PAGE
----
End-users are getting real about virtual desktop infrastructure (VDI)—or desktop virtualization. A report published in May by Mordor Intelligence pegged VDI as experiencing a CAGR of 54.59 percent over the next five years. And when it comes to the market for VDI solutions, healthcare is right up there—second only to financial services in terms of implementation rates. That’s why it’s a good idea for MSPs in the healthcare sector to move into VDI.
But how to get those prospects that are reluctant to consider VDI aboard the train? For starters, healthcare organizations are always looking at infrastructure-based cost reductions, but for those institutions that need to control costs (and which don’t in these days of reimbursement cuts, the push for Accountable Care, and the like?), VDI yields even better economic benefits. Yes, cutting infrastructure-based costs can lead to immediate savings—but VDI deployments bring a spate of other benefits that may also have a positive impact on the bottom line.
Improved Efficiencies and Mobility
Healthcare prospects need to understand that with VDI in place, clinicians and other constituents can access their desktops efficiently and securely from anywhere they can get a browser—be it their office, a patient’s bedside, or the like. This is critical in an environment where Accountable Care organizations are proliferating, consolidation is rampant, and clinician/specialist collaboration to improve the caliber of healthcare while demonstrating value is becoming the norm. The ability to deploy desktops in a matter of minutes saves time and money and enhances access to critical patient data.
Consider this: Unlike constituents in many other markets, clinical staff members log into their desktops with unusually high frequency—by some estimates, 50 times per shift isn’t uncommon. Booting up a standard desktop with data and applications takes three minutes or longer. Multiply that three minutes by 50, and you see the inefficiency. By contrast, when clinical staff members have access to virtual desktops, they can initiate and end sessions very quickly, reducing access time by about half, vendors estimate.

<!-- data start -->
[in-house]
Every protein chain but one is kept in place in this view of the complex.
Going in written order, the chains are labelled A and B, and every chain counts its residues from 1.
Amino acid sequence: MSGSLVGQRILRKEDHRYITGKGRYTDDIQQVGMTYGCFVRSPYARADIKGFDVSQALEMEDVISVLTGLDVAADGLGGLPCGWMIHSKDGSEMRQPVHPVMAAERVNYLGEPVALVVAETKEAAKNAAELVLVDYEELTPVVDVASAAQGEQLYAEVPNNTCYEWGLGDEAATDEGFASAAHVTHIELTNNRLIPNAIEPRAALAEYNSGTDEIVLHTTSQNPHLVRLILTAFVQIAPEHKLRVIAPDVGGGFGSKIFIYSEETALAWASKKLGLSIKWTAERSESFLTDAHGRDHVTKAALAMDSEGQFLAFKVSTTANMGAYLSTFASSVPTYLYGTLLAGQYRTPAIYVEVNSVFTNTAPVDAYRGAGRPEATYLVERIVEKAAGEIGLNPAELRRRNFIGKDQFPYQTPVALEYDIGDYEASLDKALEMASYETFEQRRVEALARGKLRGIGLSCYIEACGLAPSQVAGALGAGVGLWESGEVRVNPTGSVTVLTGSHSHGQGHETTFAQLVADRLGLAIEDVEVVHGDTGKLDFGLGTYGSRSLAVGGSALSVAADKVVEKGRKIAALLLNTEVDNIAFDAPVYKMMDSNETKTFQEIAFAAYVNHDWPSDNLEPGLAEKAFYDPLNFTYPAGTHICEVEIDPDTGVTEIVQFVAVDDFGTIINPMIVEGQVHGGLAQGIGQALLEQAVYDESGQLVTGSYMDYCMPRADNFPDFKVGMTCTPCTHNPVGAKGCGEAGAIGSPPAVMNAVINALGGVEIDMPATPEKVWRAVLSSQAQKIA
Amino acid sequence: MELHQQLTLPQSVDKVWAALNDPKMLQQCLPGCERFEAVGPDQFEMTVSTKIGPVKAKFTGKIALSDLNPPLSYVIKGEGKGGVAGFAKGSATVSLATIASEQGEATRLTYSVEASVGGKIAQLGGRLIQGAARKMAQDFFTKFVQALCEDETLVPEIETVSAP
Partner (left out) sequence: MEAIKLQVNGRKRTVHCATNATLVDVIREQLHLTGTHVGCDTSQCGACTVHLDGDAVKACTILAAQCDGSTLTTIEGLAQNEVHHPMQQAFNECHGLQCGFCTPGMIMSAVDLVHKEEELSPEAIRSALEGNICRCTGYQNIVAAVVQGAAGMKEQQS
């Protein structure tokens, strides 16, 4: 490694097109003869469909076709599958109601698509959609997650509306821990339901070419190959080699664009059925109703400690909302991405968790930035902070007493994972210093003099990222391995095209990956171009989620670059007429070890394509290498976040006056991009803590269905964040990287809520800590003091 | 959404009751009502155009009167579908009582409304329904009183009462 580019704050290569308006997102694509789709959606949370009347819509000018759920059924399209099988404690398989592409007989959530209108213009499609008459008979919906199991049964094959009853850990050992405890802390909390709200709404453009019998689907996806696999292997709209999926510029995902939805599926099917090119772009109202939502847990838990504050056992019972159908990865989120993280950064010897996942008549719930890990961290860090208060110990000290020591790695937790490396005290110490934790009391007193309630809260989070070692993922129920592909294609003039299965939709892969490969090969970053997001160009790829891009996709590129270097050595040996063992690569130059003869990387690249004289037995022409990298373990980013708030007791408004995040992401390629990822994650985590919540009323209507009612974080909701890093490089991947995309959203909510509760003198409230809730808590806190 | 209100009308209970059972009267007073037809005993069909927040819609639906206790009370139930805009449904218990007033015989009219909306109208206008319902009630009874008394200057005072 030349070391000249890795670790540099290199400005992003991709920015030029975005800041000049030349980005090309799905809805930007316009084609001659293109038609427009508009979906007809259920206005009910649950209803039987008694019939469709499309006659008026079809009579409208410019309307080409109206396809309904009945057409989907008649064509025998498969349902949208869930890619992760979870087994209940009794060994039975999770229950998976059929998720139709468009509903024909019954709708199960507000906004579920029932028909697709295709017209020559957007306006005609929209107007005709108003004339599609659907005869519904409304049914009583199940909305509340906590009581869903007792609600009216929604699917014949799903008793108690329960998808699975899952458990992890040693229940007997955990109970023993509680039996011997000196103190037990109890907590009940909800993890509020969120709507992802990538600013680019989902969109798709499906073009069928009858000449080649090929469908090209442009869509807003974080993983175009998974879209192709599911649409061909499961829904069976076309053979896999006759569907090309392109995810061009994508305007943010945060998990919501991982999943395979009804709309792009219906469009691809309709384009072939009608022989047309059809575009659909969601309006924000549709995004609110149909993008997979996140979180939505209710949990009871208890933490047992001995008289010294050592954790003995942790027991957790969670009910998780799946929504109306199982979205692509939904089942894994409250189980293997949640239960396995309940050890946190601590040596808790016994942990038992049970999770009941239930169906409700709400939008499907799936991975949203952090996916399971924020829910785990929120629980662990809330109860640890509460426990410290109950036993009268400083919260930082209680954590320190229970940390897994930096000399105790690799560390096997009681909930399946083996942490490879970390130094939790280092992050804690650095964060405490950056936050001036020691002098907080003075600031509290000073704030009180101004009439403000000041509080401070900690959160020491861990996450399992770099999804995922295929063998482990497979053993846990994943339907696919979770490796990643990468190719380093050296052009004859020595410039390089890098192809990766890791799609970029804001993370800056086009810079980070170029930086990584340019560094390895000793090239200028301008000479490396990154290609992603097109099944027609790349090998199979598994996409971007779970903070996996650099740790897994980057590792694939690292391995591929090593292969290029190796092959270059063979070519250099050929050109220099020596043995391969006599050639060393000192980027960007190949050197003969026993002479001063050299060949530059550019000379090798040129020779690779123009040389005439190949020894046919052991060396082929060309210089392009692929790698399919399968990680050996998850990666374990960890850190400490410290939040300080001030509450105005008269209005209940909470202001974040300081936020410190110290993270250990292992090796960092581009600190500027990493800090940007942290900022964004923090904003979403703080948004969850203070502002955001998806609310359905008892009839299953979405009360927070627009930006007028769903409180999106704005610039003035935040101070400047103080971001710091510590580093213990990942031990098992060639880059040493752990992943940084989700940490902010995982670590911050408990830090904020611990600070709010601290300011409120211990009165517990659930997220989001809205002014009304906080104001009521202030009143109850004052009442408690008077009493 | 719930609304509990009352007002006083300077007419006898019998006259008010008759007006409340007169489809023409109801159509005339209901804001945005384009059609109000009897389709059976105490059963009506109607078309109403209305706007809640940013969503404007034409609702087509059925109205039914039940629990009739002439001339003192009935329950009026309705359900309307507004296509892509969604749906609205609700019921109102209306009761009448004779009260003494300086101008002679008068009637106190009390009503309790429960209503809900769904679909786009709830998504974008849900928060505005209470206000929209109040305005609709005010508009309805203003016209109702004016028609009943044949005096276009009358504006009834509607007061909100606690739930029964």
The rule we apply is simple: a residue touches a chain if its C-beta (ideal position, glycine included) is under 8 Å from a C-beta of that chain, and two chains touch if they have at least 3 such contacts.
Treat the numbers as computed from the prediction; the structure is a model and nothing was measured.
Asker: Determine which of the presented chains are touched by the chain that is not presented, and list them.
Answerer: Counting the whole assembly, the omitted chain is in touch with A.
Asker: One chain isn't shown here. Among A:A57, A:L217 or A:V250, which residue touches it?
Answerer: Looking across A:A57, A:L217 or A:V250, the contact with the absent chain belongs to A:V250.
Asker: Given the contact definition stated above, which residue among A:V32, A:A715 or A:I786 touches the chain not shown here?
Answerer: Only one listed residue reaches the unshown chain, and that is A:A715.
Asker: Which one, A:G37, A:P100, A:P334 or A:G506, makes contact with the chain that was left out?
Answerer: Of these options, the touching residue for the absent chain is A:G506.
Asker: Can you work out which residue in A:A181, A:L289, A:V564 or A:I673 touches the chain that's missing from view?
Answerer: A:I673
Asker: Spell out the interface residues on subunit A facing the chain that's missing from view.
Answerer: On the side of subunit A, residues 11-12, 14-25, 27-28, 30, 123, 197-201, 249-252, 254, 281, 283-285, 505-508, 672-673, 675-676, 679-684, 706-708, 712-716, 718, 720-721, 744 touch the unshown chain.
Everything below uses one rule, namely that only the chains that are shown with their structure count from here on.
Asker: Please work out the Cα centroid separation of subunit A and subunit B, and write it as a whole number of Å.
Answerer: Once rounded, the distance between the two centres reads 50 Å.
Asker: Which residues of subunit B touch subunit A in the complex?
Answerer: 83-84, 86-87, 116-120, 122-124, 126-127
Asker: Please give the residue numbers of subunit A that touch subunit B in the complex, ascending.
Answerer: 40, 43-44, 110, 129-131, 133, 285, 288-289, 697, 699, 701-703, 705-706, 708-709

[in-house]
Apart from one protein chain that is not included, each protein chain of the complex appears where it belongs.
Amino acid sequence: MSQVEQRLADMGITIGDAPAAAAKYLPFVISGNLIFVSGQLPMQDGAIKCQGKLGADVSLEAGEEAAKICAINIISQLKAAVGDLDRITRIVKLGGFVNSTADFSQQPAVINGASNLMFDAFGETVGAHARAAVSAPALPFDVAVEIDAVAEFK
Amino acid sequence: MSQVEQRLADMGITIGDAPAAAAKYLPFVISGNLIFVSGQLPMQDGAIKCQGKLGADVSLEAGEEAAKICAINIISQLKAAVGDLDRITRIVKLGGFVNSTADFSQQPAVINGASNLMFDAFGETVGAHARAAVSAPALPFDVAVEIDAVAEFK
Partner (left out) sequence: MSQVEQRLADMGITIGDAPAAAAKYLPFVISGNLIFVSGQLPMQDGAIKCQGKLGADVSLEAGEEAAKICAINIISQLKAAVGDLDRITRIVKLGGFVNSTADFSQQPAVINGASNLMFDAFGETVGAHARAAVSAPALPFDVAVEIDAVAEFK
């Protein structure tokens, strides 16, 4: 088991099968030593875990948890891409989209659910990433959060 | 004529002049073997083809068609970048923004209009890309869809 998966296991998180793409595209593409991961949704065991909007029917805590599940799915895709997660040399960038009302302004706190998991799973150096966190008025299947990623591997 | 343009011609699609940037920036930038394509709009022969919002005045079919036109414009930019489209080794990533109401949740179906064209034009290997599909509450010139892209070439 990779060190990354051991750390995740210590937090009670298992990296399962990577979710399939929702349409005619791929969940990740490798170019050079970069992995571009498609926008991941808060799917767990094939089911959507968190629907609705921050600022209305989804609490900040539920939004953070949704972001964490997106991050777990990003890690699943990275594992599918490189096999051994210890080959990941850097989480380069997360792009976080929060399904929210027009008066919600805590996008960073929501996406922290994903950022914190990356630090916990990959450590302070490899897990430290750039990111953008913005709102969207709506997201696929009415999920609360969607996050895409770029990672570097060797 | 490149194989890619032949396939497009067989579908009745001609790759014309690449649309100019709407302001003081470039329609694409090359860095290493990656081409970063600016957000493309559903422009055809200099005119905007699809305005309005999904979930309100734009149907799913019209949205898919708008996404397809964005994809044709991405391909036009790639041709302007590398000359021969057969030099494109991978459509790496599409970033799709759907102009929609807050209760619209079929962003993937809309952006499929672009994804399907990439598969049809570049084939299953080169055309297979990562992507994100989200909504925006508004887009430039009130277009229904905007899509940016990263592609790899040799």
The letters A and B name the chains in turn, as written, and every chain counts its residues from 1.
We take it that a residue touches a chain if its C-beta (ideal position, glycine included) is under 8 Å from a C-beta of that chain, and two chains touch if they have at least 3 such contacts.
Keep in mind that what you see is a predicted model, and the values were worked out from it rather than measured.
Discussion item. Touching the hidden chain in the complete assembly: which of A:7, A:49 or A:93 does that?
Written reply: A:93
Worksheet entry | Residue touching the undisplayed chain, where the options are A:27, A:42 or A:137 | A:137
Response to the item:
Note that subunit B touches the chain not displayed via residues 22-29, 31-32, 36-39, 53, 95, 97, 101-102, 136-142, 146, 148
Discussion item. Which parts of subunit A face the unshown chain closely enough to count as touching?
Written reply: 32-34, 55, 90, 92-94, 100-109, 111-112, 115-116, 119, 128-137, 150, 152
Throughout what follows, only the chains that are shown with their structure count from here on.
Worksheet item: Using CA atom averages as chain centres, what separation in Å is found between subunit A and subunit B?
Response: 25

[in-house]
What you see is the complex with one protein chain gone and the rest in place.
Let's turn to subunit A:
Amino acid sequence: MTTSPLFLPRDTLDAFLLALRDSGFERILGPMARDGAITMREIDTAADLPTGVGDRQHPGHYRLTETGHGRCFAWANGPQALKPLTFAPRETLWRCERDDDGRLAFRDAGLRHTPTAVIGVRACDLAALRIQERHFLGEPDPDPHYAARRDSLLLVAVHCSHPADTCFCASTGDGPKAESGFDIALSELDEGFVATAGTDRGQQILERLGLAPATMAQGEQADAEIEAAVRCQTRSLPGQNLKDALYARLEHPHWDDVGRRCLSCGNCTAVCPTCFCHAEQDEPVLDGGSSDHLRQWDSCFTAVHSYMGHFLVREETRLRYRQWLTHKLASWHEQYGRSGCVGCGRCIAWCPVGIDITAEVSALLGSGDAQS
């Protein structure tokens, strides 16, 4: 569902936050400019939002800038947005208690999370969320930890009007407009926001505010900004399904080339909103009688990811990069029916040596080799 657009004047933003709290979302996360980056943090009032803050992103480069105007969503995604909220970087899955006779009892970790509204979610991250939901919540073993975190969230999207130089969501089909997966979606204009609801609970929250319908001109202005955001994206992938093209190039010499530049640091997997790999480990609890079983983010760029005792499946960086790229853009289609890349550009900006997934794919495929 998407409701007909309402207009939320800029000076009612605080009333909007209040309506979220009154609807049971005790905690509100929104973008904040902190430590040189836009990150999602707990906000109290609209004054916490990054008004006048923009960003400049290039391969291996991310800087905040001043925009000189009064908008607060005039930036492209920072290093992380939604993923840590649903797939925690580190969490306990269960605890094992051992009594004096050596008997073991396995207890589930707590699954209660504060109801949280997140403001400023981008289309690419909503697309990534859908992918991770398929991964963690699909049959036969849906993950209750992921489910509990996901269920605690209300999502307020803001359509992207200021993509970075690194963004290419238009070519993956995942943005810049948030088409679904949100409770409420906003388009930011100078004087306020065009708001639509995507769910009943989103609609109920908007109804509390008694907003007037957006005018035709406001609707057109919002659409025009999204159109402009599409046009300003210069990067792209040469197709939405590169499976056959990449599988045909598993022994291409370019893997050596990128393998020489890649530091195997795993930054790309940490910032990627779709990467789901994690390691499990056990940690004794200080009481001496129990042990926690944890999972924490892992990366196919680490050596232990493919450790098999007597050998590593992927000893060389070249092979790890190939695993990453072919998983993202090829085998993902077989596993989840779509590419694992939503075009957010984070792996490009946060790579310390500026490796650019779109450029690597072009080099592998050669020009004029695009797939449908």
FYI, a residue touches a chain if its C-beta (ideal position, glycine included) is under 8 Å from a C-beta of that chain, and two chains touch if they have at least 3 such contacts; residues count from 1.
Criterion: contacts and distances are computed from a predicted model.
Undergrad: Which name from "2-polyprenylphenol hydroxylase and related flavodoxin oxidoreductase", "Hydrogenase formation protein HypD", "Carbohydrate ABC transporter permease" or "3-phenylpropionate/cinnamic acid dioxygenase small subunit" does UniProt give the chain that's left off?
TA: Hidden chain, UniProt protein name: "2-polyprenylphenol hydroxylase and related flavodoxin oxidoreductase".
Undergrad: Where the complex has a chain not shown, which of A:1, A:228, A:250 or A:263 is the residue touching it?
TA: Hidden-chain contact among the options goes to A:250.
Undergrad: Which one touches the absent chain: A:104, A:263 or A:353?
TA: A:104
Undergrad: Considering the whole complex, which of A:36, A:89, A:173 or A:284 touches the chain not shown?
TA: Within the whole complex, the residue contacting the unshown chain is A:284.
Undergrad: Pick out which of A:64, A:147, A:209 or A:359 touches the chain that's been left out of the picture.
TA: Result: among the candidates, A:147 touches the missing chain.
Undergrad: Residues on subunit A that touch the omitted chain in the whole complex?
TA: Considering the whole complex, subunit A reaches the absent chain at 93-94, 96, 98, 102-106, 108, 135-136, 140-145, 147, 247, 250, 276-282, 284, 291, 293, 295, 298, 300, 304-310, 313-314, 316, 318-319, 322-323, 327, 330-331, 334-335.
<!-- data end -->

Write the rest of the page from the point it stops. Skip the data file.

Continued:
Then, there’s reduced downtime. If a device fails, the problem can be easily rectified without the need to rebuild local drivers and connections to additional endpoint devices. This quick return to working status enables utilization of expensive assets—for example, operating rooms, magnetic resonance imaging (MRI) equipment, and computed tomography (CT) areas—to remain at the highest possible level. That’s a major priority for many healthcare providers.
Improved Access and Rapid Scaling
Another major advantage of VDI that may influence customers to follow that path centers on ubiquitous access to healthcare applications. Notably, easier, universal, and secure access to electronic health records (EHRs), picture archiving communications systems (PACS), labs, and centralized applications empowers end- users at the point of care on any device. When virtual desktops eliminate the need for specific task-dedicated workstations, the need for multiple logins on different devices also disappears, and remote silos of data are merged onto a common platform. The end-result: a higher caliber of care for patients, at a greater level of efficiency and quite likely, at a lower cost.
Finally, it’s important to point out rapid scaling. Breakneck-pace changes in the healthcare market make it vital for institutions to maintain flexible and adaptable operating environments. PCs and laptops must be ordered, configured, and provisioned, which can take weeks, but virtual desktops can be deployed in minutes. So when healthcare facilities when acquiring new institutions, join new care networks, or adding new applications, they needn’t wait to add the desktops they need.
We’ve just scratched the surface of how desktop virtualization can be a boon to healthcare players, but these points are a good start for MSPs who want to see real profits from this implementation opportunity.